8. Ocean zoning becoming mainstream. The Northeast and Mid-Atlantic regions of the US now have Regional Ocean Action Plans, born out of federal and state collaboration with stakeholders. These plans create a framework for balancing the many demands on coastal waters (from fishing to shipping to energy), and similar plans are in development for the other US coastal regions. Australia, the EU, and Antigua & Barbuda, among others also have zoning plans for their waters. SeaSketch continues to work behind the scenes in many countries (including New Zealand), building and leverage software that enables stakeholders to participate in mapping.

Map of energy leases, whale migrations, soft corals, artificial reefs, shipping, and gill net fishing in the Mid-Atlantic ocean.
Map of energy leases, whale migrations, soft corals, artificial reefs, shipping, and gill net fishing in the Mid-Atlantic ocean. (Via Mid-Atlantic Regional Ocean Action Plan)

9. Prohibition of drilling in the Arctic. Canada and the US jointly the announced their plan to indefinitely close their Arctic waters to drilling. And it is heartening how native tribes have been consulted and prioritized in this policymaking process.

10. Cleaning up our beaches. India completed the world’s largest beach clean-up, removing more than four million pounds of debris from a single beach, through a year-long volunteer effort. Ghana, Mauritius, Senegal, Morocco, and France banned plastic bags, and California’s plastic bag ban was upheld by voters after being challenged by industry.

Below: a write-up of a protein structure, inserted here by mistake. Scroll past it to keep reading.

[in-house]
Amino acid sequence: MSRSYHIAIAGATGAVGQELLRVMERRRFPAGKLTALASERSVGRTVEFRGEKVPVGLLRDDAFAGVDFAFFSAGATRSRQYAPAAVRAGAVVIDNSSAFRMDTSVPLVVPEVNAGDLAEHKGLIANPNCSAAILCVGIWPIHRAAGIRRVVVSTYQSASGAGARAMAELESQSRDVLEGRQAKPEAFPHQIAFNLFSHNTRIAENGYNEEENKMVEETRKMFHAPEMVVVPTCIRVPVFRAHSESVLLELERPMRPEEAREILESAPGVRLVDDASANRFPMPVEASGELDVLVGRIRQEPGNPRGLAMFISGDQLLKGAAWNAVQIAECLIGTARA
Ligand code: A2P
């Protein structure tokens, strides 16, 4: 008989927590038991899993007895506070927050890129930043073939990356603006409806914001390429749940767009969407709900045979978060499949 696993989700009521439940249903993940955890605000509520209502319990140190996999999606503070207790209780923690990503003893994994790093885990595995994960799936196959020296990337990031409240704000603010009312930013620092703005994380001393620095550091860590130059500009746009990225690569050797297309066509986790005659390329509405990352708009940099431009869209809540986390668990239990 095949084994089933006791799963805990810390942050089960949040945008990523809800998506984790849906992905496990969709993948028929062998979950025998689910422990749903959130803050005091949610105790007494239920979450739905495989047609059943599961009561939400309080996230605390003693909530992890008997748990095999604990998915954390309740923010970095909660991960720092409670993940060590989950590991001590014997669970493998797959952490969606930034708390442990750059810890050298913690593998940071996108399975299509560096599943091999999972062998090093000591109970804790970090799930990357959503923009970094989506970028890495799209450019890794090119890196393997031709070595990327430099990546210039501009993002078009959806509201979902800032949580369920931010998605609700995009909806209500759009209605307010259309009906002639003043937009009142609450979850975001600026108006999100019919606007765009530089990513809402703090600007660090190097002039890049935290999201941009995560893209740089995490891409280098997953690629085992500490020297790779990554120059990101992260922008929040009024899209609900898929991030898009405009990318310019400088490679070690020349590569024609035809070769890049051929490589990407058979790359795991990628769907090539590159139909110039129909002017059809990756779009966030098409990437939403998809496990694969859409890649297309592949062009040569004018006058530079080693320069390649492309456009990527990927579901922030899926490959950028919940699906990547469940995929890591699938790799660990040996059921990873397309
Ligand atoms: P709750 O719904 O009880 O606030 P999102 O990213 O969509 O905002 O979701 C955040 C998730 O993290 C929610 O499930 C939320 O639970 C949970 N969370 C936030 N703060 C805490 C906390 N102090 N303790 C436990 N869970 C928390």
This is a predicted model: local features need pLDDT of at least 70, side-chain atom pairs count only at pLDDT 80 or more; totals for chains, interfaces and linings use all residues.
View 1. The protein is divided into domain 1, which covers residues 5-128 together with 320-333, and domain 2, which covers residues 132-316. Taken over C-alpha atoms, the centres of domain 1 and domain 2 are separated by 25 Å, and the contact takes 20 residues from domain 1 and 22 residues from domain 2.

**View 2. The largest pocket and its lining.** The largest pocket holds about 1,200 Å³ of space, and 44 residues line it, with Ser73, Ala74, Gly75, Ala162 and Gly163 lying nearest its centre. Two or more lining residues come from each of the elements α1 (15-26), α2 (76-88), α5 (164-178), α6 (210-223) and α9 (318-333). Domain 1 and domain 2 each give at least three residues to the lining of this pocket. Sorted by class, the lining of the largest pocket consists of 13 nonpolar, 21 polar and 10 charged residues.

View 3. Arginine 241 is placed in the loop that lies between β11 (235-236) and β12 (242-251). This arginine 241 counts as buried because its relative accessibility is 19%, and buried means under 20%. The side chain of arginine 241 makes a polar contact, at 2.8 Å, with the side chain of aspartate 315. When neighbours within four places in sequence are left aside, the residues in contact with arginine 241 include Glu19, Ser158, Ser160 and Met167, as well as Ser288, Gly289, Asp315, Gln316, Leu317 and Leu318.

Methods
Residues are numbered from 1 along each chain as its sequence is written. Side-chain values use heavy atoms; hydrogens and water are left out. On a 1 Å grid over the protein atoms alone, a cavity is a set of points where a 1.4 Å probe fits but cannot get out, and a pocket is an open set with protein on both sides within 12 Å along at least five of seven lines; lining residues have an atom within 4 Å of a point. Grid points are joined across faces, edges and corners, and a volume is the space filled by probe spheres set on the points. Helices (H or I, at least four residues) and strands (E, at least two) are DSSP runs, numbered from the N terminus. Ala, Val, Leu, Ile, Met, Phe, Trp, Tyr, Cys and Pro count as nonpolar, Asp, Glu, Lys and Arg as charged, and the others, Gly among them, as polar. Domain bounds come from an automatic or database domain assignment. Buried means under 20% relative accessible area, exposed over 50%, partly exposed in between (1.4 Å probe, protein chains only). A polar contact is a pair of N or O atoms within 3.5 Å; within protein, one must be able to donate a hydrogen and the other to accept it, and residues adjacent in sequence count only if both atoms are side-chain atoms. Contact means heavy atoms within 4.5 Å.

Bonus victories:

  • ‘The Codfather’ of New Bedford, Massachusetts was arrested and charged with smuggling. Prosecutors say that he lied about over 800,000 pounds of fish his fleet was caught in order to evade fishing quotas and cash in big.
  • In Tampa Bay, Florida, seagrass meadows that had almost vanished due to toxic pollution have been restored. This was announced in 2015, but slipped through the cracks of my list last year.


There is a steady drumbeat of good news in ocean conservation. (And please share your favorite wins in the comments below!) It’s not nearly enough, but it’s very far from nothing. This April on Earth Day, there will be an Earth Optimism Summit to discuss the many important successes in conservation around the world, and share effective strategies and tactics. My focus for the coming year (see “Reframing Ocean Conservation in this Post-Election Era“) will be working at the intersection of ocean conservation, social justice, and community building. In 2017 let’s double down on what’s working.

For more inspiration, catch up on previous victories (“14 Ocean Conservation Wins of 2014” and “Top 15 Ocean Conservation Wins of 2015“) and check out and #OceanOptimism.

Changing Planet


Meet the Author
Dr. Ayana Elizabeth Johnson is a marine biologist, policy expert, conservation strategist, and Brooklyn native. She is founder and president of Ocean Collectiv, a consulting firm for ocean conservation strategies grounded in social justice. She teaches at New York University as an adjunct professor, and was co-director of partnerships for the March for Science. As executive director of the Waitt Institute, Ayana co-founded the Blue Halo Initiative and led the Caribbean’s first successful island-wide ocean zoning effort. Previously, she worked on ocean policy at the EPA and NOAA, and was recently a TED resident and Aspen Institute fellow. She envisions and works toward a healthy ocean that supports food security, economies, and cultures. Find her @ayanaeliza.